Jaya Gajparia, who gave a video interview to the Campaign about how studying social science has helped her, writes about her life:

“I have a Bachelor of Science in Sociology from City University (2005) and a Master of Arts in Human Rights (2008) also from City University. I went back to education after being awarded a full PhD scholarship in 2011 at the Weeks Centre for Social and Policy Research at London South Bank University.

It has always been important for me to explore and try things out which is why I took breaks in between each qualification, where I worked and explored different cultures. My work experiences have been within the voluntary and community sector in England, working for disabled people, older and retired adults, women’s rights, human rights and pan-equalities work. All of which I thoroughly enjoyed. I’ve always had a sense of wanting freedom in my work, the ability to make decisions and lead with determination towards what I think is positive social change.

I recognise that today I am privileged to spend three years in research training on a subject that I am deeply passionate about and committed to for my PhD. From a young age I became aware of the division of gender roles, and this resulted in a growing interest and passion for advocating for women’s and girls’ equality. Learning about the black feminist theory of intersectionality helped me to articulate my identity politics in a way that was almost liberating. I didn’t have to be defined by just one or two things statically, but I could be many things, ever changing, in and across different contexts, spaces and time. My identity didn’t have to be reduced just to being an ‘ethnic minority’ because the racists only saw me by my colour or culture, or because the P.E. teacher had made up her mind that ethnic minority girls don’t do sport. It meant that I was able to understand discrimination and prejudice could be experienced in multiple ways.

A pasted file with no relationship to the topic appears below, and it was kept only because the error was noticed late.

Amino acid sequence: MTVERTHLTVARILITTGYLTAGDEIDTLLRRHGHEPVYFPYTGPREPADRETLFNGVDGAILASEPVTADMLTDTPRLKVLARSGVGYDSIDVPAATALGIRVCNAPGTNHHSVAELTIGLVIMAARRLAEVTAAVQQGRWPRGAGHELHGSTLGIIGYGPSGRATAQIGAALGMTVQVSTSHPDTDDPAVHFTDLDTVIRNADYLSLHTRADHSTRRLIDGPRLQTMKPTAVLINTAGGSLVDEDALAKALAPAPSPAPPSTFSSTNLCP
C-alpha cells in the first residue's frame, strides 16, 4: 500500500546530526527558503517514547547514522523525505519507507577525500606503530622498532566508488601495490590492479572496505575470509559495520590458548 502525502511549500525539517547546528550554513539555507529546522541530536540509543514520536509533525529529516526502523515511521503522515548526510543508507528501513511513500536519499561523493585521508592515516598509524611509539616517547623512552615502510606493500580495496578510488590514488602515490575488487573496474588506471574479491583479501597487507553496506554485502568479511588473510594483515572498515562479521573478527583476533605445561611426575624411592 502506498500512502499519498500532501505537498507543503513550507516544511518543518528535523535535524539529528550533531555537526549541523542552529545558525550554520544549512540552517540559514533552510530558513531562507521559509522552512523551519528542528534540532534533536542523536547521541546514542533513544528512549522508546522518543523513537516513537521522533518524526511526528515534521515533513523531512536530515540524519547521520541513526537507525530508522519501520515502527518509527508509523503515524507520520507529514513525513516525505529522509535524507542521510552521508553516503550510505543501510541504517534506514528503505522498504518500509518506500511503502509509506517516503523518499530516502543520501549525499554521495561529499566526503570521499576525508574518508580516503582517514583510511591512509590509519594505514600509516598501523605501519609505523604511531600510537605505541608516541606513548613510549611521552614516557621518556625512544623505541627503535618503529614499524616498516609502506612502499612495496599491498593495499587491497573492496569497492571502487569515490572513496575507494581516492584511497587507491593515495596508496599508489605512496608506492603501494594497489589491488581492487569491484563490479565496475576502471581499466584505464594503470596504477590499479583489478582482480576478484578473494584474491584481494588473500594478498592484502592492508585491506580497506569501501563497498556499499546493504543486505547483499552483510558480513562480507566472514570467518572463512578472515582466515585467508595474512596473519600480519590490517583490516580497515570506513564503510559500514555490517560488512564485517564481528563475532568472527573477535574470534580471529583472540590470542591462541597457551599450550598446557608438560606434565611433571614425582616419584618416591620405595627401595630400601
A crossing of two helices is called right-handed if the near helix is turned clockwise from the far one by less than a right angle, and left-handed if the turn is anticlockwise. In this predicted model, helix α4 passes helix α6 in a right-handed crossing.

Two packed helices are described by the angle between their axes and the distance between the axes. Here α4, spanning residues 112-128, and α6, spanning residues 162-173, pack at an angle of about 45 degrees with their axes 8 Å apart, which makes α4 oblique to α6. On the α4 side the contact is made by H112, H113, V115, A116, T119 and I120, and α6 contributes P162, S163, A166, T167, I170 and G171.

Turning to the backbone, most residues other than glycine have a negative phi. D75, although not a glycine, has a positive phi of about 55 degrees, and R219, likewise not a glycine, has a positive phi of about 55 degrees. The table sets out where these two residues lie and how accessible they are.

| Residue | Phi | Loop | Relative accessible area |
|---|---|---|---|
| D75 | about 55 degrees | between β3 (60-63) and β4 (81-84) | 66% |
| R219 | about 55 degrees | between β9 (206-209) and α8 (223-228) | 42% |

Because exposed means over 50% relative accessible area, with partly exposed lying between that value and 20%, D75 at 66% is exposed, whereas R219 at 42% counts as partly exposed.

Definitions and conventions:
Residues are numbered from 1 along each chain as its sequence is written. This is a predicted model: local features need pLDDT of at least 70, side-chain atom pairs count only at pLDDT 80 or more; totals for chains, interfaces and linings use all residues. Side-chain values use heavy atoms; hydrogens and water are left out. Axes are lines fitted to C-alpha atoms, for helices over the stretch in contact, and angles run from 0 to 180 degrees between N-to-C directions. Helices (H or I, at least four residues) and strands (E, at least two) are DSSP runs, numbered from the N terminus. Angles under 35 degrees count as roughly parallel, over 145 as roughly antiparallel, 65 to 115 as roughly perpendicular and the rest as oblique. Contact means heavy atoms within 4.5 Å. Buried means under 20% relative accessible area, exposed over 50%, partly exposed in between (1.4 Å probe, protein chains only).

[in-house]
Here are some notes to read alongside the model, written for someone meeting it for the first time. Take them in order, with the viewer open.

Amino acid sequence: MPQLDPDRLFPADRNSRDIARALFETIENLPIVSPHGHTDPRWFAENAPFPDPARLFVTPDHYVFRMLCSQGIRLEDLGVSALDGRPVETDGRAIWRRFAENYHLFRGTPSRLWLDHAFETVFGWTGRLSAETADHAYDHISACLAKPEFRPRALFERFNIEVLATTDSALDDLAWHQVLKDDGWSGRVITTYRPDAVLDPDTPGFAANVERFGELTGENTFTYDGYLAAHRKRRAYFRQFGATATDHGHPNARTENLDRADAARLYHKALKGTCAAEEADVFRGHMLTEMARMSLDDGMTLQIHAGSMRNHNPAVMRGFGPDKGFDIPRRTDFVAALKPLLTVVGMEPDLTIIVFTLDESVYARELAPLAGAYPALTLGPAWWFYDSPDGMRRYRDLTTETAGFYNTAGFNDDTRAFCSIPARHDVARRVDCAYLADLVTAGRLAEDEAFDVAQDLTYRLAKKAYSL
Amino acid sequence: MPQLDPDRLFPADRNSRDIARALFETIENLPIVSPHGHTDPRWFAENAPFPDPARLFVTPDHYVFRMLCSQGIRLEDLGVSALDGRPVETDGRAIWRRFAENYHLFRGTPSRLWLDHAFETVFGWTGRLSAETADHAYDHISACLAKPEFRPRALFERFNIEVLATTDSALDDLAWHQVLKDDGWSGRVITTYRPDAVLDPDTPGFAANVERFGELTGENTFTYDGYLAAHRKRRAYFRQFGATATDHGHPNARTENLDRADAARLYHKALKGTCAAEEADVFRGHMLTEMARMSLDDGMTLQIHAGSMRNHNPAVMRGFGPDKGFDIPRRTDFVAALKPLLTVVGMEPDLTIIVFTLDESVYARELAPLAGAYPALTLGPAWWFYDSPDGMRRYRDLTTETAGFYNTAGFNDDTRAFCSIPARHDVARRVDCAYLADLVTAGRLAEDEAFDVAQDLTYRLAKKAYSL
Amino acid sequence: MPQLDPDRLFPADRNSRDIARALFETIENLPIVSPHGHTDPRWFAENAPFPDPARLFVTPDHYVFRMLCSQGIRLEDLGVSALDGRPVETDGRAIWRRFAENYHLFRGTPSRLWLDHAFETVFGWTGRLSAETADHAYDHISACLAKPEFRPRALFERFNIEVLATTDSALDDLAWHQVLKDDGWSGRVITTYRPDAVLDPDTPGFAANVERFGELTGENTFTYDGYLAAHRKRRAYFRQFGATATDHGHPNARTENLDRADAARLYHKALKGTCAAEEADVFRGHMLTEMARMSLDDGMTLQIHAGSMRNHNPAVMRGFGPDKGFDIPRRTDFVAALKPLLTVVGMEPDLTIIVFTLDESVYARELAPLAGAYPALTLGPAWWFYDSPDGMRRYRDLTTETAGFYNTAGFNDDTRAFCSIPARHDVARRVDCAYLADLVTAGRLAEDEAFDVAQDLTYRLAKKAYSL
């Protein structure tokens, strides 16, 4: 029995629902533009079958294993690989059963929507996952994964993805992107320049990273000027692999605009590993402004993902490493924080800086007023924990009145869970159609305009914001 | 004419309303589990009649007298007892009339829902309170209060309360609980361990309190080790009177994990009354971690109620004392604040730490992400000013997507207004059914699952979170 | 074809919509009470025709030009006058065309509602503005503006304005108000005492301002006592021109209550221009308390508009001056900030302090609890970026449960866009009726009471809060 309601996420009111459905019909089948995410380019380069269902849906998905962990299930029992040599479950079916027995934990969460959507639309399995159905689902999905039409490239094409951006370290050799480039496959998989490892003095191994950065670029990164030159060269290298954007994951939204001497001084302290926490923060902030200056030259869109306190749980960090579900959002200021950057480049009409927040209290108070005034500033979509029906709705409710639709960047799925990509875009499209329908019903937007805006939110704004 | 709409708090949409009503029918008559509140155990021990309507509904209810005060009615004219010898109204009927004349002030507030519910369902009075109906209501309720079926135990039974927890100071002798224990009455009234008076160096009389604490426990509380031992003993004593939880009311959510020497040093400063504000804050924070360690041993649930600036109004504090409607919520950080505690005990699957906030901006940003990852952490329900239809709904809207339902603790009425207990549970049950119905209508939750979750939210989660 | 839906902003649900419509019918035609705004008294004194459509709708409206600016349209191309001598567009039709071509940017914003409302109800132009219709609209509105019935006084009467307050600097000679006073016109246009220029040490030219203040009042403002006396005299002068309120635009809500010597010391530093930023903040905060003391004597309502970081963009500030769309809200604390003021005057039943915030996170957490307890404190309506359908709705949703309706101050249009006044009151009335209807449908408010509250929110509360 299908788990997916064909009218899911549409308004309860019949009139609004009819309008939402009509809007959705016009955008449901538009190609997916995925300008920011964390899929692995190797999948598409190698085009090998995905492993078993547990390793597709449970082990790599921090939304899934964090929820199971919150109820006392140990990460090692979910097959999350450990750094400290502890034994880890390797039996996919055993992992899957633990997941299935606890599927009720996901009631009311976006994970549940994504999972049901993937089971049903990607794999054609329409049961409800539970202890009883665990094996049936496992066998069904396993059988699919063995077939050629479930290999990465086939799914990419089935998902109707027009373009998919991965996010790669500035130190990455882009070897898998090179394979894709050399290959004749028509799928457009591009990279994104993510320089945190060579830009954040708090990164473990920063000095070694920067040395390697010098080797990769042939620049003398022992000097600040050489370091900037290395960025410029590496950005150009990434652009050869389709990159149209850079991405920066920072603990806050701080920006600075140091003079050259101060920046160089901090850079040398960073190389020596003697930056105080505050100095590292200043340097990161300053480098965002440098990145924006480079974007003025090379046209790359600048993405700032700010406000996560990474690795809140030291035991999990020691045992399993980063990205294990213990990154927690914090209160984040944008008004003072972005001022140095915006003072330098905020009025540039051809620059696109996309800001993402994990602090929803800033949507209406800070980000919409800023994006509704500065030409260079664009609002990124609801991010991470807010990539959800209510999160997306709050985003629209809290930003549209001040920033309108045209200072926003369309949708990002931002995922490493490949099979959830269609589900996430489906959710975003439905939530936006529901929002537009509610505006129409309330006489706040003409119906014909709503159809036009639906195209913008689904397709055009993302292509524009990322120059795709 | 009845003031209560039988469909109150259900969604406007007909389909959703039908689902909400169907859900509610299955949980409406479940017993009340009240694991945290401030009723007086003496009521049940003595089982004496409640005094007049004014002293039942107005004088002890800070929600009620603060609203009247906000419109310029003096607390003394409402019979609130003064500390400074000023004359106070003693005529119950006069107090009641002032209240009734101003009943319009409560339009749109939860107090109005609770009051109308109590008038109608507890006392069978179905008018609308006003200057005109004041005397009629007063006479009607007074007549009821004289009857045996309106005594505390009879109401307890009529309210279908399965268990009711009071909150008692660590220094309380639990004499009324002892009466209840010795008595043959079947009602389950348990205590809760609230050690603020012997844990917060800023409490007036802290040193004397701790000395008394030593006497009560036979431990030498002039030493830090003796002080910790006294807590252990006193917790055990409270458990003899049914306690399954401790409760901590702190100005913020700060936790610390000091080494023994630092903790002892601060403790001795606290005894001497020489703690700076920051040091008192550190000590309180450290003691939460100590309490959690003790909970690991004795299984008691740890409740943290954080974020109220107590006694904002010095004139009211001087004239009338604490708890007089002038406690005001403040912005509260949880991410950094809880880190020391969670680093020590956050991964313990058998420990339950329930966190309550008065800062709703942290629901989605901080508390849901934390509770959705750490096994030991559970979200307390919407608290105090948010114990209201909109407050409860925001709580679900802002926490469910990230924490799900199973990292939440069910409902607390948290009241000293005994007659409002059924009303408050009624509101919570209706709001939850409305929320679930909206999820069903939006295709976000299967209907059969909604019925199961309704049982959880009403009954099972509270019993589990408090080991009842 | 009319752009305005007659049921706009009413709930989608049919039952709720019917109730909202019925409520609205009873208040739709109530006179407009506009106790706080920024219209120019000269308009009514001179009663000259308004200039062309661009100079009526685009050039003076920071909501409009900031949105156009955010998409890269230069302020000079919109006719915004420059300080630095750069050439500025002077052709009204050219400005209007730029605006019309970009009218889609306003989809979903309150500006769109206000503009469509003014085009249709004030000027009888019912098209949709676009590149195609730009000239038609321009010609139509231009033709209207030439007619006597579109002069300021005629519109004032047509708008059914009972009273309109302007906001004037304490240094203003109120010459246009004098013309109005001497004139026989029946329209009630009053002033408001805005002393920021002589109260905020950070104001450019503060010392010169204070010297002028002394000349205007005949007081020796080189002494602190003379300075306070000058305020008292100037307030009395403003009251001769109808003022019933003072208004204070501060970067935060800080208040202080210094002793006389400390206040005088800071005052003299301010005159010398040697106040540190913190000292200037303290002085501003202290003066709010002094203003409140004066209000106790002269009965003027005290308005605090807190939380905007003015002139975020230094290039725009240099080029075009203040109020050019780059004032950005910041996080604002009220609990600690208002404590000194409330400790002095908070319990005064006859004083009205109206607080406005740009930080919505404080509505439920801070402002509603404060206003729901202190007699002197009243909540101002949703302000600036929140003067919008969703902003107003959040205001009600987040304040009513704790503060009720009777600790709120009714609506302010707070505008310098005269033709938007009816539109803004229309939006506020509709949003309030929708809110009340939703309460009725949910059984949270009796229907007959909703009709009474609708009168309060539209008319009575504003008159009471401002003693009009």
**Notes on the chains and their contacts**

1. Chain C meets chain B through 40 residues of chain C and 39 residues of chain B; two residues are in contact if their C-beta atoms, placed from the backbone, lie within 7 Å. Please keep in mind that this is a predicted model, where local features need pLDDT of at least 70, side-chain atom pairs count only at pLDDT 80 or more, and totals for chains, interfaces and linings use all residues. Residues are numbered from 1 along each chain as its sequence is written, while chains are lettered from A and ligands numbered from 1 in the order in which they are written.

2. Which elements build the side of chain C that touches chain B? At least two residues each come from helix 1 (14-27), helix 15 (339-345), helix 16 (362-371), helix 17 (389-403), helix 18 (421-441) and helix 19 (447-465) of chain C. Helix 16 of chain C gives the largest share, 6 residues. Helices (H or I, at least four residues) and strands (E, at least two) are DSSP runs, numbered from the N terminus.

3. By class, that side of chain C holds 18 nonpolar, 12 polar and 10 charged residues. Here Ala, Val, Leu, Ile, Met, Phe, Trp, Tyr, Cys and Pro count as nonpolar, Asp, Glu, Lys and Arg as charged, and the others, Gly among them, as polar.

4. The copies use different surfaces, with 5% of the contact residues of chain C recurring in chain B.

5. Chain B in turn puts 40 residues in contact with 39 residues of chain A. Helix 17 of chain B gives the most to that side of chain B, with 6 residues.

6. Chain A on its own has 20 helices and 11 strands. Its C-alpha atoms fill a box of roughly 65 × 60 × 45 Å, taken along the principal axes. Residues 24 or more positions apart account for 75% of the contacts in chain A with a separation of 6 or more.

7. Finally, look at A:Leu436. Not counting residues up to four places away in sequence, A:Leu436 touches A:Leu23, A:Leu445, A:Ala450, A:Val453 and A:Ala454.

Thus, social sciences have helped me to understand some of the prejudice and racism that I experienced as a young girl growing up in northern England. Today the tools that I have gained from the social sciences help me to approach understanding the world through a wider and more detailed lens. For instance, questioning the presentation of information, understanding politics beyond the words, the ability see the effects that less sophisticated yet popular beliefs on topics like curbing immigration can have, the effects of capitalism on the environment, the effects of neo-liberal policies on the ‘poor’, problematising the concept of ‘poverty’….

Social science education has taken me beyond my learning days at university.”